Retropharyngeal lymph nodes
Located in the retropharyngeal space between the visceral (buccopharyngeal) fascia and the alar fascia, there are two groups 1:
- medial retropharyngeal lymph nodes
- located near the midline immediately anterior to the prevertebral muscles
- less common: visible on imaging in only a minority of children and rarely present in adults 2; usually unilateral
- usually located at the C2-C3 level
- lateral retropharyngeal lymph nodes
- immediately anterior to the lateral margins of the prevertebral muscles
- more common: found in the vast majority of children and most adults; usually bilateral
- usually located more superiorly, at the skull base (C1) or C1-C2 level
The node of Rouviere refers to the superiormost lateral retropharyngeal lymph node, although the term "nodes of Rouviere" has also been used to refer to the lateral retropharyngeal lymph node group in general.
The retropharyngeal lymph nodes decrease in size and number with age 3. In one study of healthy subjects using MRI, the upper limit of normal (2 standard deviations above the mean) of minimal axial diameter of lateral retropharyngeal lymph nodes was 9 mm in children (6-19 years), 6.4 mm in young and middle aged adults (20-38 years), and 5.2 mm in older adults (42-74 years).
Etymology and history
The existence of retropharyngeal lymph nodes was first described by Henri Rouvière in 1928 4.
Metastatic lymphadenopathy, such as from nasopharyngeal carcinoma, may be suggested on imaging in older adults by the presence of retropharyngeal nodes with a minimal axial diameter larger than 6 mm, centrally necrotic nodes, ipsilateral grouping of two or more nodes, or presence of medial group nodes 5.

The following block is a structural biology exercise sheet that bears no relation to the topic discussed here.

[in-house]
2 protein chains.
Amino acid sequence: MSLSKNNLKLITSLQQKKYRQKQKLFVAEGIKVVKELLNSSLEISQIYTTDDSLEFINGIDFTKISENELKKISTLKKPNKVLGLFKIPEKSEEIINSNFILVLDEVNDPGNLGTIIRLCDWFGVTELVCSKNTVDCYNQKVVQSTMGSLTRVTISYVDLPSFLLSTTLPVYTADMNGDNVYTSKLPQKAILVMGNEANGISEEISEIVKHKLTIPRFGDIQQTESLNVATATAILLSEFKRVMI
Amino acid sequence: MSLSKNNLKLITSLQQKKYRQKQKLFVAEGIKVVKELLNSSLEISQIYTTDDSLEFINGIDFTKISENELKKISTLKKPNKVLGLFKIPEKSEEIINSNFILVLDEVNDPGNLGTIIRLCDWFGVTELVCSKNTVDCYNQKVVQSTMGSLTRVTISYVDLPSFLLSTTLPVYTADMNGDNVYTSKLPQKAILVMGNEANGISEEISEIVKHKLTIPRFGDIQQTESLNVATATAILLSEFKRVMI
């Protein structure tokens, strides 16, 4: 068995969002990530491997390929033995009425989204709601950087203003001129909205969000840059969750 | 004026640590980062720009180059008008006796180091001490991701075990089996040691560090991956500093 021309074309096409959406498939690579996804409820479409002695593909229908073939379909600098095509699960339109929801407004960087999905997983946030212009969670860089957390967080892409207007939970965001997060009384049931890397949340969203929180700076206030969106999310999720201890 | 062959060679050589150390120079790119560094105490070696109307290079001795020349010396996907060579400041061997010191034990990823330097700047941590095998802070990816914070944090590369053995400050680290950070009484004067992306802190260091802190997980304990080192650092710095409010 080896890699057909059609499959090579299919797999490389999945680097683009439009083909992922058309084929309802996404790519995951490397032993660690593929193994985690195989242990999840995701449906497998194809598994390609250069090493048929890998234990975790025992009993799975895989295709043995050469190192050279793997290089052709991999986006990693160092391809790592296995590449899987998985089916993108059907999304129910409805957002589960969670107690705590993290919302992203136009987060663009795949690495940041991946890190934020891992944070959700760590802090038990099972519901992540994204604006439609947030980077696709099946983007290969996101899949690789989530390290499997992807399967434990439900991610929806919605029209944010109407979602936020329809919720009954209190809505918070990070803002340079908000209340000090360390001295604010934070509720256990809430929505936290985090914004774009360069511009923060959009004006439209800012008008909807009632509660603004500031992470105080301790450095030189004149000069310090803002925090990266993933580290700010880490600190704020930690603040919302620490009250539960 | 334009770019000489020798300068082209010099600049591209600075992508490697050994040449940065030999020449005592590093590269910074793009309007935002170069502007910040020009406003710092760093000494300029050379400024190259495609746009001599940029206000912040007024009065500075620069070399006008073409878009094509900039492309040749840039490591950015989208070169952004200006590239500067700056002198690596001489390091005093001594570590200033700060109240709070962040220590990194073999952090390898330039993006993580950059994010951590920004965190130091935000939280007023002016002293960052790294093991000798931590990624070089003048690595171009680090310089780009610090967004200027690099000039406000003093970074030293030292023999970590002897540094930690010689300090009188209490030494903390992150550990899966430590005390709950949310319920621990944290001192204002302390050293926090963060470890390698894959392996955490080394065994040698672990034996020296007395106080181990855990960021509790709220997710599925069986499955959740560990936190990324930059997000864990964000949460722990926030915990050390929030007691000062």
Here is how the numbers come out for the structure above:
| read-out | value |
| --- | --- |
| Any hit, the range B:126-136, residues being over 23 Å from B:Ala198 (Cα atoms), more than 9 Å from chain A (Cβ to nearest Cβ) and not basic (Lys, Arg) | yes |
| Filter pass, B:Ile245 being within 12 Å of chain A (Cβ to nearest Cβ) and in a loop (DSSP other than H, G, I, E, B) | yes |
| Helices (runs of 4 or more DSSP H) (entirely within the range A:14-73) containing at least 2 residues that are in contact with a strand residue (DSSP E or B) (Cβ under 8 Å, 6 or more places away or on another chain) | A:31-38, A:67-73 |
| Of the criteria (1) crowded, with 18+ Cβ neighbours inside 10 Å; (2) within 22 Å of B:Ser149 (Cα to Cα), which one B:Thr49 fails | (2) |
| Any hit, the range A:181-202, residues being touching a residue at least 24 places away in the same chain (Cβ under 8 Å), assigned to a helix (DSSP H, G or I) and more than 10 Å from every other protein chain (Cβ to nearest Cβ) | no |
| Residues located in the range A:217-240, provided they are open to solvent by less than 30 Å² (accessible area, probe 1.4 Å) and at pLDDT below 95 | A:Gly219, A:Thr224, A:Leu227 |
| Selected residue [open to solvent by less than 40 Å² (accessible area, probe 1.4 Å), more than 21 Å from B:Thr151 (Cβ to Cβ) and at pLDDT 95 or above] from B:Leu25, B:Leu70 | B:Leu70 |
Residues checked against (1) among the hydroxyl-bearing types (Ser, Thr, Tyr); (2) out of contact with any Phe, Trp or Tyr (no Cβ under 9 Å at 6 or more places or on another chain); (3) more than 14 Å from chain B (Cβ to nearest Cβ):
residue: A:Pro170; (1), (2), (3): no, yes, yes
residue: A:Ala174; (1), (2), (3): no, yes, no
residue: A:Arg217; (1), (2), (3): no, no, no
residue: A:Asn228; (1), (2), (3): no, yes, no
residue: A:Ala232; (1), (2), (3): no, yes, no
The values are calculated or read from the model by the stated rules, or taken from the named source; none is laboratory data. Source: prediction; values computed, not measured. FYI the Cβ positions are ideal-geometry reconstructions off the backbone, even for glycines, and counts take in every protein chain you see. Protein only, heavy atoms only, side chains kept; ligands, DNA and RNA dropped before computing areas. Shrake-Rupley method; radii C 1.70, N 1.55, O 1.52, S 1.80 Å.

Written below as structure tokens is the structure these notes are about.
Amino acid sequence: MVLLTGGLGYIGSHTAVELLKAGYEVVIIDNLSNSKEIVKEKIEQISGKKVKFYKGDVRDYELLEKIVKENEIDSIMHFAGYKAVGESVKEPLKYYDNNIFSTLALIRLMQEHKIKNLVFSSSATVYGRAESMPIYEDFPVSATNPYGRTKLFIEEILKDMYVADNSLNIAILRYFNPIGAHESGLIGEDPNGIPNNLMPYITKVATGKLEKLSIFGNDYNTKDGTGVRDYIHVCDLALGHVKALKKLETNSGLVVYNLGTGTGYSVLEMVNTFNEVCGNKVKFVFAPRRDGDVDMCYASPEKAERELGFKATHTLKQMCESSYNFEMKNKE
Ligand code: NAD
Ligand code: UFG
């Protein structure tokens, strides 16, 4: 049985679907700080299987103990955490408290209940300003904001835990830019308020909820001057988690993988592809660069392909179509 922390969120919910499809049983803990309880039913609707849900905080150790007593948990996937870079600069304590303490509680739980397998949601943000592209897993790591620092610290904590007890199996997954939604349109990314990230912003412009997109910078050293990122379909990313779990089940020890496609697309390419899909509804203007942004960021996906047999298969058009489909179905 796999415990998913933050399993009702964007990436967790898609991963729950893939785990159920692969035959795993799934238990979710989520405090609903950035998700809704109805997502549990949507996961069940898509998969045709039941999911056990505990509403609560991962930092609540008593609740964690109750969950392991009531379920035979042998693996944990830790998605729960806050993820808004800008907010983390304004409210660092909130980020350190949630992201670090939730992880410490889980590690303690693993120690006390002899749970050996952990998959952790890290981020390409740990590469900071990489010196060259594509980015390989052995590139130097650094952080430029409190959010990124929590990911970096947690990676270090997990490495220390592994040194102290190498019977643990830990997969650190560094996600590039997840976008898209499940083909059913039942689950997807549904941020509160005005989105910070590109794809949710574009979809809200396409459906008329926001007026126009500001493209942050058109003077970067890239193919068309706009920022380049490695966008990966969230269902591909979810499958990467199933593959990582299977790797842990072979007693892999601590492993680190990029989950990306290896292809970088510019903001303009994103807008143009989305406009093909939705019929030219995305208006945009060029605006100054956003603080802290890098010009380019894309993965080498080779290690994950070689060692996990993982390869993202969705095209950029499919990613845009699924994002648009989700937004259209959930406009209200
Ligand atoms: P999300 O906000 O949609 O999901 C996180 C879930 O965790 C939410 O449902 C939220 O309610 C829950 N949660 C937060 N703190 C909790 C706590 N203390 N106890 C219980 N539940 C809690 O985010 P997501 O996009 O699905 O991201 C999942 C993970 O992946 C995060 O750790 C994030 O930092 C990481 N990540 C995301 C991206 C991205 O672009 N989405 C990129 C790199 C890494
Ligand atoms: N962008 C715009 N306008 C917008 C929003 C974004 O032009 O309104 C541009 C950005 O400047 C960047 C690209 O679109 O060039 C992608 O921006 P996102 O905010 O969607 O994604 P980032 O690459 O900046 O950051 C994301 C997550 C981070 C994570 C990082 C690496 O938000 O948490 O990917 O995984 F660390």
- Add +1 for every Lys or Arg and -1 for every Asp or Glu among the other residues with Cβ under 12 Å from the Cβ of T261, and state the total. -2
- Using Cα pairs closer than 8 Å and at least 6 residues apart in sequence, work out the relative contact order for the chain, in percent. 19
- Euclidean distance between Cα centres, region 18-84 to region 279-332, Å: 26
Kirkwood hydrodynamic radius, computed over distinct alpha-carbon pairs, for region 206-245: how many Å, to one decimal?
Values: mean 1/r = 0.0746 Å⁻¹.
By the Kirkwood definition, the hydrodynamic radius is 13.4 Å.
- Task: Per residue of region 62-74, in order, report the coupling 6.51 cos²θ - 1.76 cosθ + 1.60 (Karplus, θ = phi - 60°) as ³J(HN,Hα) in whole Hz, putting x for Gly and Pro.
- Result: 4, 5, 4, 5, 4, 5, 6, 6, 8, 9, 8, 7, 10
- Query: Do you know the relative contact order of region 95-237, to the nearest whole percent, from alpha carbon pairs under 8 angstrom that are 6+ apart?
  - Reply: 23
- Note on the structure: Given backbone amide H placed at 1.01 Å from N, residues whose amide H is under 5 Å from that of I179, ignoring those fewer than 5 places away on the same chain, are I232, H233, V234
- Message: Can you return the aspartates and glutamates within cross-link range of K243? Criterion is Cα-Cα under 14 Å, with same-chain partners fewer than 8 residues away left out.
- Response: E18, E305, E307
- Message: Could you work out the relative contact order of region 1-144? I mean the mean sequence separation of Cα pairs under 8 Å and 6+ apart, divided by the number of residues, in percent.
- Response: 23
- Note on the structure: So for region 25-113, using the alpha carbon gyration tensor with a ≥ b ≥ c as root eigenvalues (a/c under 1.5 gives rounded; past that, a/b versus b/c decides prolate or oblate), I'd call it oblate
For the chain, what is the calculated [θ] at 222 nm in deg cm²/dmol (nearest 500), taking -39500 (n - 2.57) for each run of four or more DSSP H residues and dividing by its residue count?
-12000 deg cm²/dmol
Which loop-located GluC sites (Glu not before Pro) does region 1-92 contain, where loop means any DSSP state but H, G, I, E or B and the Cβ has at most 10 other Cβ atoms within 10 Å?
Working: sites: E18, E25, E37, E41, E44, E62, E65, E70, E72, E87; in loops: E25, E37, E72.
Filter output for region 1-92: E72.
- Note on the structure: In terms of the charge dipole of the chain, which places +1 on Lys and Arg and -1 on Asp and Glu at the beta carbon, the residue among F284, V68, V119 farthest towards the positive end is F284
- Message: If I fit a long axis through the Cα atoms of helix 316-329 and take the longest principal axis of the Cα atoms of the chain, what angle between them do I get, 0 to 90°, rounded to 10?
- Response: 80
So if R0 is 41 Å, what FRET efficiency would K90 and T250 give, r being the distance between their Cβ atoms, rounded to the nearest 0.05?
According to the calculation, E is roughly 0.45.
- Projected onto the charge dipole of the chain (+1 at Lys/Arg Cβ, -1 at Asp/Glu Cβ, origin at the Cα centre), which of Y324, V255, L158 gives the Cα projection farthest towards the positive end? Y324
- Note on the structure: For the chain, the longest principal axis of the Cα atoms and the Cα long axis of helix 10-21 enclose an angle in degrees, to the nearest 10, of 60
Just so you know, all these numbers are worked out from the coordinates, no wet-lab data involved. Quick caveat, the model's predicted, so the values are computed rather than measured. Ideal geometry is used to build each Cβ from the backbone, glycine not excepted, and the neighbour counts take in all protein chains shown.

They may be mimicked by the superior cervical ganglia, which are nodular structures located slightly more posterolaterally than lateral retropharyngeal lymph nodes, anterior to the C2 transverse process and immediately medial or anteromedial to the internal carotid artery 6.
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- 2. Ozlugedik S, Ibrahim Acar H, Apaydin N, Firat Esmer A, Tekdemir I, Elhan A, Ozcan M. Retropharyngeal space and lymph nodes: an anatomical guide for surgical dissection. (2005) Acta oto-laryngologica. 125 (10): 1111-5. doi:10.1080/00016480510035421 - Pubmed
- 3. Ogura I, Kaneda T, Kato M, Mori S, Motohashi J, Lee K. MR study of lateral retropharyngeal lymph nodes at different ages. (2004) Oral surgery, oral medicine, oral pathology, oral radiology, and endodontics. 98 (3): 355-8. doi:10.1016/S107921040400441X - Pubmed
- 4. Rouviere H. Anatomy of the Human Lymphatic System: A Compendium. (1938). ISBN: 0598832173.
- 5. Zhang GY, Liu LZ, Wei WH, Deng YM, Li YZ, Liu XW. Radiologic criteria of retropharyngeal lymph node metastasis in nasopharyngeal carcinoma treated with radiation therapy. (2010) Radiology. 255 (2): 605-12. doi:10.1148/radiol.10090289 - Pubmed
- 6. Yokota H, Mukai H, Hattori S, Yamada K, Anzai Y, Uno T. MR Imaging of the Superior Cervical Ganglion and Inferior Ganglion of the Vagus Nerve: Structures That Can Mimic Pathologic Retropharyngeal Lymph Nodes. (2018) AJNR. American Journal of Neuroradiology. 39 (1): 170-176. doi:10.3174/ajnr.A5434 - Pubmed